If this is the case, simply head down to your nearest garden centre, pick up some garden lime and sprinkle that around. If, however, you find your soil is lacking the nutrients it needs to grow a thick, healthy lawn, you’ll probably need to add some lawn fertiliser to your order and start regularly adding that to your lawn too. Or, if you’d rather, our ridiculously chipper tribe of lawn technicians can come and do this for you — no hassle, no guesswork, just success. 

Poor Drainage May Be The Underlying Issue

If there’s one thing Monsieur Moss loves more than anything, it’s a lawn (or more specifically, soil) with drainage problems. Poor drainage means excessively moist conditions and that means a moss party is about to break out. 

“But how do you know if your soil is rubbish at draining?” I hear you ask your dog. Well, there are two things you can do. The first is think back to the last time you had heavy rainfall and whether you had any standing water somewhere on your lawn; and the other thing you can do is guess because a lawn that is heavily used (especially in the summer) is usually suffering from soil compaction and that can also prevent water from percolating through soil quickly. In either case, the solution is aeration.

When we aerate a lawn, we use a machine that creates nice deep holes in your soil that don’t just improve drainage, but also allow air and essential nutrients to reach the roots. This is good news because the healthier your roots the stronger your grass plants, and the stronger your grass the more chance your lawn has of crowding out any moss. Oh and, right now, during the autumn, is one of the best times for a spot of aeration.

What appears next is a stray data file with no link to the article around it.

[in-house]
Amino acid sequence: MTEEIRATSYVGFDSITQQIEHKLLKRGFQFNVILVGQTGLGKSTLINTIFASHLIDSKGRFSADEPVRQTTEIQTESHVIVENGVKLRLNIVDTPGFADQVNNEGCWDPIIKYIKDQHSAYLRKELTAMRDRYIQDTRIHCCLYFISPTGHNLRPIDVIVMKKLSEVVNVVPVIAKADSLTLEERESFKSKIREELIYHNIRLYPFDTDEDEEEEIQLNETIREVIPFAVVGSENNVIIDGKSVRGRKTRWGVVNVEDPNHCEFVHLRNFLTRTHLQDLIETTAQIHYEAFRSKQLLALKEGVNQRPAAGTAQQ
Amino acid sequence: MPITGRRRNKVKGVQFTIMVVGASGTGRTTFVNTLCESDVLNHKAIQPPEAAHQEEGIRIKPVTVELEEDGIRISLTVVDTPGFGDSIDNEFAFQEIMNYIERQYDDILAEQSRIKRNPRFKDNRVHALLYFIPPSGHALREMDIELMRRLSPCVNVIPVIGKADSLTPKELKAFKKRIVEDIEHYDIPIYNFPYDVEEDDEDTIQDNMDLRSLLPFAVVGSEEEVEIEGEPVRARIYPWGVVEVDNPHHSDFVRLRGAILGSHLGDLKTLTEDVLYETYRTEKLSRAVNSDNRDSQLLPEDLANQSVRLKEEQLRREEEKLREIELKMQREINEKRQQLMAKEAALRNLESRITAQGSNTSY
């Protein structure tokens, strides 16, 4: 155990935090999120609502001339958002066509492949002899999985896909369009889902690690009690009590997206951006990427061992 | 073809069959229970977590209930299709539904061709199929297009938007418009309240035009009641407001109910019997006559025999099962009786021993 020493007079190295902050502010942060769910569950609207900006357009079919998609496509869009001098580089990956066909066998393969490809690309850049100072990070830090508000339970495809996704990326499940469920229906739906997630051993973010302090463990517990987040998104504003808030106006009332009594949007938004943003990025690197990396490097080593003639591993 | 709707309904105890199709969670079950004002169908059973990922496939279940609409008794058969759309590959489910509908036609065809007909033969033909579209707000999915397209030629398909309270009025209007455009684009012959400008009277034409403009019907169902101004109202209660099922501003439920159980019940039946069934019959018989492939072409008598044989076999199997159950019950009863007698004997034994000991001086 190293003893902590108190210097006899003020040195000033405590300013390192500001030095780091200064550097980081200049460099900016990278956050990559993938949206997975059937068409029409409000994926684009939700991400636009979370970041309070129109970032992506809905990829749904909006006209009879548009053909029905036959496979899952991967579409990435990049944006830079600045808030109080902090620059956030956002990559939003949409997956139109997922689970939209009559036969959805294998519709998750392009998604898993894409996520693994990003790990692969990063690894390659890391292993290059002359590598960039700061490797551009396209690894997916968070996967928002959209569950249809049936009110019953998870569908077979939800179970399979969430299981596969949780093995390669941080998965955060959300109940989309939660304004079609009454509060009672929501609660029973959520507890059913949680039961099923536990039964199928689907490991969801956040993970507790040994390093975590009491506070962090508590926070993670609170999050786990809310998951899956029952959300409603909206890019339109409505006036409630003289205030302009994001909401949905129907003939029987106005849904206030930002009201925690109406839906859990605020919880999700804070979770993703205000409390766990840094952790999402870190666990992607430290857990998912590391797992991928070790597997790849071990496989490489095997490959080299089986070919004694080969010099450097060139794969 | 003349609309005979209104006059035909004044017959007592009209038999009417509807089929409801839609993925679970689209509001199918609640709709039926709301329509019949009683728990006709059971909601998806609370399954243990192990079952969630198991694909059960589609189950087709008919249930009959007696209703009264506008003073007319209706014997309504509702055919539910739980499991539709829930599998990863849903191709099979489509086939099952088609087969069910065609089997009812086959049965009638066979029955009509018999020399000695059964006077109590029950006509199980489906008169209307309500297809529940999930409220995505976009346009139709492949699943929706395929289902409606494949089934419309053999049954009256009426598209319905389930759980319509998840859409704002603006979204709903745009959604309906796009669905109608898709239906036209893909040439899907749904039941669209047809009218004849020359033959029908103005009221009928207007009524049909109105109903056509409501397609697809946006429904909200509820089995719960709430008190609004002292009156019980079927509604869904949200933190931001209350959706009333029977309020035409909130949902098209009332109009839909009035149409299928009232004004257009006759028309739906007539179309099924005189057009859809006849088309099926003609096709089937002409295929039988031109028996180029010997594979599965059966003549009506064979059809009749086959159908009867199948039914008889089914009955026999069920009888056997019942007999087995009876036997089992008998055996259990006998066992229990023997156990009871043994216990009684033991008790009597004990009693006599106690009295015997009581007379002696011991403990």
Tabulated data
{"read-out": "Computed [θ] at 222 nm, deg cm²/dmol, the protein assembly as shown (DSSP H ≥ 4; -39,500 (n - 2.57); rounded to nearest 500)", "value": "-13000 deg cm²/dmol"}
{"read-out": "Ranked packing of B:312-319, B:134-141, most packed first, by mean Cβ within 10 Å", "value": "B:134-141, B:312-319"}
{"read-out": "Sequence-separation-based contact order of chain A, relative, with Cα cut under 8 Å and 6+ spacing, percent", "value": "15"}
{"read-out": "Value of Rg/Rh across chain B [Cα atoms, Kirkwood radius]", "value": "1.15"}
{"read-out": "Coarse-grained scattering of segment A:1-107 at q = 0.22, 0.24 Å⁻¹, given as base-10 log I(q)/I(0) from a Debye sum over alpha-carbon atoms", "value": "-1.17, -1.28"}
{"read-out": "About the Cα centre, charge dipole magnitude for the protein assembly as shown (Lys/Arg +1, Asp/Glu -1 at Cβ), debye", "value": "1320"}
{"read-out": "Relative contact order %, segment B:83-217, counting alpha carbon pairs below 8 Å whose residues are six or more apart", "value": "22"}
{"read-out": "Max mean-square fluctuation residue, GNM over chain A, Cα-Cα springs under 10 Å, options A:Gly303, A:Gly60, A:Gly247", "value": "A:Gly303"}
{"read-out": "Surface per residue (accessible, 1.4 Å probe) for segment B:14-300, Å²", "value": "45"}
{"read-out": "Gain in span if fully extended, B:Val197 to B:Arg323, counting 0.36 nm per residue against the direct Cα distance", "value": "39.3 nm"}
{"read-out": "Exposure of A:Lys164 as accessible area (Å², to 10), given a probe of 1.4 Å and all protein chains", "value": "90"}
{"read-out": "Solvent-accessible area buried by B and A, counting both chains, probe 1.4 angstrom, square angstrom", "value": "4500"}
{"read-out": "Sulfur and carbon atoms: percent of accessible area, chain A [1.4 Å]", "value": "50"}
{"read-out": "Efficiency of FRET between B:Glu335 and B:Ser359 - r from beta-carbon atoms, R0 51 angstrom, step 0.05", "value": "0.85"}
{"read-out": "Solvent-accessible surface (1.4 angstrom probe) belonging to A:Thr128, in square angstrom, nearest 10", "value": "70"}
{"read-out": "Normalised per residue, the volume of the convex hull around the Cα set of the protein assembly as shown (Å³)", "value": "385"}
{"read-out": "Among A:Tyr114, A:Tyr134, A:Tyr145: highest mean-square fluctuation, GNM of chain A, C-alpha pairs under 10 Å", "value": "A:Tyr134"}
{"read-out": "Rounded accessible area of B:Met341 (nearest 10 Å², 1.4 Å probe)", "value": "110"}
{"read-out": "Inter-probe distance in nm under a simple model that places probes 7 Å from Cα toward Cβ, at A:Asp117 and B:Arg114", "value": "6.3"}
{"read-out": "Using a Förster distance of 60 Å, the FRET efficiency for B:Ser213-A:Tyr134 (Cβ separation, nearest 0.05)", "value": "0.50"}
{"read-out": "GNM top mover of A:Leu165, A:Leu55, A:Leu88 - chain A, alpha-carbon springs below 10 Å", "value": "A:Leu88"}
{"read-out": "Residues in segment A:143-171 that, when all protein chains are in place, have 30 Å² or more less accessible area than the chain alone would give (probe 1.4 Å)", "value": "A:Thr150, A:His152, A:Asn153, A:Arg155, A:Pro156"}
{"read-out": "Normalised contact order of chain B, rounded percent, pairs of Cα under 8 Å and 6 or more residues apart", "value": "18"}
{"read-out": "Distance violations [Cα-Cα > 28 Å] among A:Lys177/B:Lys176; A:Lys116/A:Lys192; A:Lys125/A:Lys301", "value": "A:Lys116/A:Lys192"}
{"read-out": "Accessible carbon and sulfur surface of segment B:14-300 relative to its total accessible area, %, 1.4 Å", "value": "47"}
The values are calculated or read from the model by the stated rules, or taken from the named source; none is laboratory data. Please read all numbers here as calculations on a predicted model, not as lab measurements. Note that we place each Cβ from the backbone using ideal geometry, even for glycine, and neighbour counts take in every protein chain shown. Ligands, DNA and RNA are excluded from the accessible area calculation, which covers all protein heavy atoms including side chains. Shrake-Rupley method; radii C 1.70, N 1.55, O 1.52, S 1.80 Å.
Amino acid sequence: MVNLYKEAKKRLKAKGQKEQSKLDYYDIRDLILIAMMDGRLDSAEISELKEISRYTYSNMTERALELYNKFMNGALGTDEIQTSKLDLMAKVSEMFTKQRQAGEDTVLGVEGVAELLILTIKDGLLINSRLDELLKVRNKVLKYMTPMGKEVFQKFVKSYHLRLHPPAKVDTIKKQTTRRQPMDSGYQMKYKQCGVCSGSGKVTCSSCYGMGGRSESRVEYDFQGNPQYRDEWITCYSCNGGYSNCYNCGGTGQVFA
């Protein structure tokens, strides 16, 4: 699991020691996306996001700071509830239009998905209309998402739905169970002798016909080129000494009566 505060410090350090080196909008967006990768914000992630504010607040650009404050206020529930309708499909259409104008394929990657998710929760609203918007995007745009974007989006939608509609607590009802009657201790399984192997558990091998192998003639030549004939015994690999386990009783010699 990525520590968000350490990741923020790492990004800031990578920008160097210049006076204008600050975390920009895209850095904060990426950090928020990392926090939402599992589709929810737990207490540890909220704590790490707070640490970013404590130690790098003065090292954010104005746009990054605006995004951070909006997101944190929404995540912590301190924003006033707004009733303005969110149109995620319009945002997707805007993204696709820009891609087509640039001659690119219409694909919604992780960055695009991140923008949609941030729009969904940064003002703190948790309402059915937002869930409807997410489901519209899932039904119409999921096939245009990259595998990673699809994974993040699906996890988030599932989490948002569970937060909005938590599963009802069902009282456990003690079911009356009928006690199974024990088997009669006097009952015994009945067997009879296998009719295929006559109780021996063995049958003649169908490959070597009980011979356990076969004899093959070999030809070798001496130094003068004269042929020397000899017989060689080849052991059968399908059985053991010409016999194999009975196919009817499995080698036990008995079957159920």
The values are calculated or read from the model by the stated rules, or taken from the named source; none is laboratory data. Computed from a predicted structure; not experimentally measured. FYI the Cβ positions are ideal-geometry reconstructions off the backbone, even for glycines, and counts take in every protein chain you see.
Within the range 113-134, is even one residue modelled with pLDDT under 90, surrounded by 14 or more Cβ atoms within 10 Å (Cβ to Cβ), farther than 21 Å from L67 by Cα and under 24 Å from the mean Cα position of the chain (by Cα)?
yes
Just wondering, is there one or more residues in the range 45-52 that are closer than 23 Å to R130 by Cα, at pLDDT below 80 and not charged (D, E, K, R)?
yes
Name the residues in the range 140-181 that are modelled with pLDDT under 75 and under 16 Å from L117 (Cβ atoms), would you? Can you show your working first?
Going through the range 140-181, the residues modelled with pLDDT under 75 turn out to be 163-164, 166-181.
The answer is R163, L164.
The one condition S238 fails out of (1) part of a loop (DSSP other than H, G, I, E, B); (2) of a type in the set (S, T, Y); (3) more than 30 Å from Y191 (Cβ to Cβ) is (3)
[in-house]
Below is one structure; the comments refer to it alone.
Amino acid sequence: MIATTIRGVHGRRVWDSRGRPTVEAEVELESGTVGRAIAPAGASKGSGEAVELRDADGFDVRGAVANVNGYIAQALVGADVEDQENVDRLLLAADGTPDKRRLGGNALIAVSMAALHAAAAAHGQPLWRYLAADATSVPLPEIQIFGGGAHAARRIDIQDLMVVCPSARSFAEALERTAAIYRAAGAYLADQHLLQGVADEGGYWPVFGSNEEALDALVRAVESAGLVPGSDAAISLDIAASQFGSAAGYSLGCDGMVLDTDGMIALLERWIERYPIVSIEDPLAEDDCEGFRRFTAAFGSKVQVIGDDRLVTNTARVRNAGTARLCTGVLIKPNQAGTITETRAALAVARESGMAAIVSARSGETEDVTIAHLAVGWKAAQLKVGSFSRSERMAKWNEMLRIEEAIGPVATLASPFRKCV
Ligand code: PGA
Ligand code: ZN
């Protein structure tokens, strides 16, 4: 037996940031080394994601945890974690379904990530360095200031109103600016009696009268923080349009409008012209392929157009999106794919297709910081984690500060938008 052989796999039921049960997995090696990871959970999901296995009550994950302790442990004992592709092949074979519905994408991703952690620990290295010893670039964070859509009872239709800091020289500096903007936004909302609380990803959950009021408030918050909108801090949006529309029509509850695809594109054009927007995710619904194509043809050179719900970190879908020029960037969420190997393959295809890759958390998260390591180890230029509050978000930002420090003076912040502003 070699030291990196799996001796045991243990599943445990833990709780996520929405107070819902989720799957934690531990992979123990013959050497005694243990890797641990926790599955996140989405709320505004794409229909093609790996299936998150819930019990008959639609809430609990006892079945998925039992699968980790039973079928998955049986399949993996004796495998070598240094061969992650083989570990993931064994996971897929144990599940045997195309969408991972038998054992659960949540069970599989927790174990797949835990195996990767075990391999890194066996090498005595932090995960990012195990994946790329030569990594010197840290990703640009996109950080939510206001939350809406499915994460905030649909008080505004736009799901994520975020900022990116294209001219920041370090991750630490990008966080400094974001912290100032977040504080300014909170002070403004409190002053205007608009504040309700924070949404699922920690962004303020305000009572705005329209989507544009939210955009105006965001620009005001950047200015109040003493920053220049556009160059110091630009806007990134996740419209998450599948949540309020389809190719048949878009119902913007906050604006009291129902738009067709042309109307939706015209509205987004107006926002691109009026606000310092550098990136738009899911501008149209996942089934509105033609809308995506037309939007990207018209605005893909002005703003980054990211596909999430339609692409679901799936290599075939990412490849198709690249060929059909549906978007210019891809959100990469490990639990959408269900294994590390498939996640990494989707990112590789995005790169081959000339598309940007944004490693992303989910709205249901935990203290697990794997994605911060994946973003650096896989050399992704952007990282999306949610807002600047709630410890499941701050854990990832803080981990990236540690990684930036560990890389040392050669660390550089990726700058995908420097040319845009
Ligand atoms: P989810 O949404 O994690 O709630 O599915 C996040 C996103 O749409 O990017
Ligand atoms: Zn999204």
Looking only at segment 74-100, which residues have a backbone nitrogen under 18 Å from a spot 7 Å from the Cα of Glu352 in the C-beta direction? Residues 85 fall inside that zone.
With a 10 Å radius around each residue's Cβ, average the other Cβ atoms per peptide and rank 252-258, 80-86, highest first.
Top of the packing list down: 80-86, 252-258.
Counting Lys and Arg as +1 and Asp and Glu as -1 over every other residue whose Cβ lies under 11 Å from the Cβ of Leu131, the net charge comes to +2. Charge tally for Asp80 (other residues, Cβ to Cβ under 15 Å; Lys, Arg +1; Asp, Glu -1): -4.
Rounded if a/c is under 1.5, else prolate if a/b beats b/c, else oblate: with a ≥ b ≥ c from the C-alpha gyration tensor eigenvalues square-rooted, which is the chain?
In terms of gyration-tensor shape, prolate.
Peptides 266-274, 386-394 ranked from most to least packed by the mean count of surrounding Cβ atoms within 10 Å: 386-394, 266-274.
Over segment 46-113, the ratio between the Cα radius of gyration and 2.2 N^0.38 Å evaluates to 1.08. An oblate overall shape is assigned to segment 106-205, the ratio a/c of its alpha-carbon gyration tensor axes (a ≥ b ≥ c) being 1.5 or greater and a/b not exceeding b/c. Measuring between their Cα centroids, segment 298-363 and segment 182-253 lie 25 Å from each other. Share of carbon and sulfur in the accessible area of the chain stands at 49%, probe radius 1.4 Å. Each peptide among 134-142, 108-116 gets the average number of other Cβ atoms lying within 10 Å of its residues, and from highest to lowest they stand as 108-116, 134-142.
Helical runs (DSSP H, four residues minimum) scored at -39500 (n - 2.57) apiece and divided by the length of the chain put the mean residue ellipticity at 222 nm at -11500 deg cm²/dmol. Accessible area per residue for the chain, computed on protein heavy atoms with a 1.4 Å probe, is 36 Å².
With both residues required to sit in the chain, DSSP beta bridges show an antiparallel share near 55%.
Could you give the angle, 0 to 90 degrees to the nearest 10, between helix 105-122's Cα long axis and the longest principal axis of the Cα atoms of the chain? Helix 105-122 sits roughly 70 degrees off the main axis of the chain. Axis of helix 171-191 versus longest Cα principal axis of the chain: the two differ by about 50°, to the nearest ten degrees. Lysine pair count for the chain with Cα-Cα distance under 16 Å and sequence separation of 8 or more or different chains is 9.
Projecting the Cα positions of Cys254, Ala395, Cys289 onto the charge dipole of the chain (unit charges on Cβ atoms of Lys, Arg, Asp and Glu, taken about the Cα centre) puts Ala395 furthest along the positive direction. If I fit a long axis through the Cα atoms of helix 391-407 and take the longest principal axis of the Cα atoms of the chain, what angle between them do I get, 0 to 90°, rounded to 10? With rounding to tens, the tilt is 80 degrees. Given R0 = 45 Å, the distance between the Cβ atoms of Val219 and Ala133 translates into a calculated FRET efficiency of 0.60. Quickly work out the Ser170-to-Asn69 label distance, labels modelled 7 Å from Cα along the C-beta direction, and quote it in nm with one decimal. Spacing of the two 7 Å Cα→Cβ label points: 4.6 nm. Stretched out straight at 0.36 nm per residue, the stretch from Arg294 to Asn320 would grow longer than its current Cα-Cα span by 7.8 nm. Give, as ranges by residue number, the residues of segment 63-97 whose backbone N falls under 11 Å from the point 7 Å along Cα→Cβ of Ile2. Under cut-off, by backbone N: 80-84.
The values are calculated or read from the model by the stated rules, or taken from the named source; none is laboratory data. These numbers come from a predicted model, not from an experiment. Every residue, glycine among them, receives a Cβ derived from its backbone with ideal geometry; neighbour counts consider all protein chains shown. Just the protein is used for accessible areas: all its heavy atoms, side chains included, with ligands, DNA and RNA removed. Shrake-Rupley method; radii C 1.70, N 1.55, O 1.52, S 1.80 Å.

Scarification Could Have The Answers Too

For some lawn owners that are hellbent on getting rid of their moss problem once and for all, it’s less about the soil and more about the thick layer of thatch that is sat on top of the soil, preventing nutrients and water from getting to the roots. That’s where scarification becomes your new best buddy. It’s basically like raking but if that rake looked like Arnold Swarzeneggar because this machine rips through any thatch to leave deep channels that help your lawn thrive. 

Excessive Shade May Well Be The Cause

Last but by no means least, the big cause of all your moss problems may be too much shade over your lawn. Thankfully, even the most newbie garden-lovers know what this calls for: a chainsaw (okay, or maybe just a hedge trimmer). Whichever makes more sense to you, the only way to fight an excessive shade problem is to open up the area and let more sunlight reach more of your lawn. 

The reason for this is simple: moss is the biggest opportunist out there. It only takes a patch of shaded grass that stays moist for most of the morning and – BAM! – moss is in there claiming squatters rights. So either remove any branches or bushes that are casting long shadows, or think about replacing your current grass with a more shade-tolerant grass type, such as a tall fescue.


The Bottom Line

The point is, when you’re dealing with a moss problem, the best defence is always offence because the healthier your grass the more chance it has of winning the war against moss. So instead of wondering how you can get rid of any moss patches, start asking yourself, “How can I make my grass greener?”